NEW YORK (CNN) -- A disgruntled former worker sparked chaos in front of the Empire State Building on Friday when he shot and killed a co-worker and engaged in a gun battle with police, leaving at least eight others wounded, authorities said.
The shooter, identified as Jeffrey Johnson, 58, was killed in an exchange of gunfire with police just as visitors began to queue up to ascend the famous New York skyscraper.
The officers fired 14 rounds after Johnson apparently turned his gun on them, according to New York Police Commissioner Ray Kelly.
Some of the wounded may have been hit in the crossfire or by ricocheting bullets, he said.
The immediate aftermath was captured on video by an Australian tourist, offering a street-level glimpse of a shooting that prompted road closures across the area.
At least two police officers can be seen in the video with their guns drawn over a man who is lying on his back. The man appears to be alive, with his hands partially outstretched.
The camera then pans to others who are apparently injured, as pedestrians duck behind buildings on Manhattan's Fifth Avenue.
Police say the gunman was apparently laid off from his job as a designer of women's accessories at Hazan Imports last year.
Clad in a business suit and carrying a briefcase during the attack, Johnson had a longstanding dispute with the victim over allegations of harassment in the workplace, police said.
Both men had filed prior complaints. But on Friday morning, police say, Johnson fatally shot the 41-year-old man.
The victim was identified as Steven Ercolino by the president of State University of New York at Oneonta, where he was a 1992 graduate.
"We were saddened to learn that a member of our Oneonta alumni community was the victim of this tragic and senseless killing," President Nancy Kleniewski said. "Our thoughts and prayers are with Steve's family."
Ercolino is listed as a vice president of sales at Hazan Import Corp., according to his LinkedIn profile.
Police have not yet identified the victim.
Authorities initially reported that nine people were wounded in the incident, but later revised that number to eight.
A construction worker followed the gunman after the initial gunshots and alerted officers.
Two policemen were being treated at a Manhattan hospital early Friday afternoon, though no injuries were considered life-threatening, according to Mayor Michael Bloomberg.
Johnson used a .45-caliber semiautomatic handgun and was carrying extra ammunition in his briefcase during the attack, according to police.
The former Manhattan resident does not appear to have had a criminal record, but authorities are still checking, Bloomberg added.
His neighbor, Gisela Casella, described him as a quiet animal lover whose death left her "shocked."
"He was the nicest guy. He must have snapped or something, I don't know."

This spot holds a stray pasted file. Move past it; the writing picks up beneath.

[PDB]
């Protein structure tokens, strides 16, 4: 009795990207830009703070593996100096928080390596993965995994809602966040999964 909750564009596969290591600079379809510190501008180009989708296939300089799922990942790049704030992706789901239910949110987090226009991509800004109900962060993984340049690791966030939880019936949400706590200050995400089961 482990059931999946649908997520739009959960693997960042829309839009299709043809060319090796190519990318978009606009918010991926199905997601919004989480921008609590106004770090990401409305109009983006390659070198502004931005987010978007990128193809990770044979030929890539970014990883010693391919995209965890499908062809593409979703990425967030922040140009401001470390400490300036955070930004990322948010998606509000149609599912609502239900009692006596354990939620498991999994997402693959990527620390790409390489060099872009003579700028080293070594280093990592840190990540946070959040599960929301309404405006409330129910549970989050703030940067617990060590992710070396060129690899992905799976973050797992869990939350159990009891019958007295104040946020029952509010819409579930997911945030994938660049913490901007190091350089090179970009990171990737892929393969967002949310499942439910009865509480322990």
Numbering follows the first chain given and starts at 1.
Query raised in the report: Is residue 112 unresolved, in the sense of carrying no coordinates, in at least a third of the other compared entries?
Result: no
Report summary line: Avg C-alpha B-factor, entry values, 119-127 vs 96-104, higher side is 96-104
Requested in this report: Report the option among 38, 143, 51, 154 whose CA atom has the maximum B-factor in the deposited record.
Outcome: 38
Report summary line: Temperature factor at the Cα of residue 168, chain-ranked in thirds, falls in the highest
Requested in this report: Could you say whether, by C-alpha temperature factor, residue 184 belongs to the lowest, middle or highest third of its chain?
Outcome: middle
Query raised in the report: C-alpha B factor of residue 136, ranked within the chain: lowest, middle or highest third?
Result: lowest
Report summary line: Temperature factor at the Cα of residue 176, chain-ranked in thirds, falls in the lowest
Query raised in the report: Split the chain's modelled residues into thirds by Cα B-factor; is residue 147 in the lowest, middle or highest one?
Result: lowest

Johnson's landlord, Guillermo Suarez, said that he lived alone and that he'd seen him leave the building Friday morning dressed in a suit around 8 a.m.
Witnesses said police shot Johnson at least three times.
"I heard the gunshots," said Anika Basu, who was riding on a bus near the building when the exchange took place. "I looked towards the left as saw three people fall ... the whole entire crosswalk emptied and people were running."
"We didn't realize, if it was an actual gunshot or what," she said.
"It's just a crazy scene here," said Rebecca Fox, who works across the street from the Empire State Building. She said she had been getting coffee and had her headphones on when she saw people running.
Fox said she saw a woman who had been shot near a brewery, as well as blood splattered on the sidewalk.
One witness -- 22-year-old Max Kaplan -- said he heard at least nine shots and saw ambulances race to the scene.
"We're all very shaken up at the office," he said.
Aaron Herman, a CNN iReporter, painted a portrait of confusion.
"It was a little chaotic. Police had barricaded the area, and I saw one woman who was a victim, I think she had been grazed," he said. "Some said they heard around three 'pops' and ran into nearby local stores to be safe."
The White House said top aides told President Barack Obama about the shooting around 9:30 a.m. The shooting does not appear to be linked to terrorism, authorities said.
Local and federal authorities who converged on the building around 9 a.m. closed several streets around Fifth Avenue and 34th Street, snarling traffic in the heart of Manhattan.
Shortly after the incident, Manhattan's Bellevue Hospital Center reported that it was treating six victims suffering from gunshot wounds. None of the injuries was considered life-threatening.
The Empire State Building is one of the most famous skyscrapers in the world and one of New York City's best-known tourist attractions.
Each year, about 4 million people visit the building's two observation decks. At more than 1,453 feet tall, the landmark building reaches more than a quarter-mile into the sky.
The area also typically maintains a large security presence.
"There's always a focus and concentration on the building," retired police officer Lou Palumbo said. "That building gets special attention."
The Empire State Building Co. said in a statement Friday that "the building is fully operational at this time" and that police are investigating the incident.
By David Ariosto, CNN.
CNN's Rose Arce, Poppy Harlow, Mark Norman, Rob Frehse, Leora Kapelus, Pauline Kim, Khara Lewin, Rande Iaboni, Eden Pontz and Dana Garrett contributed to this report.
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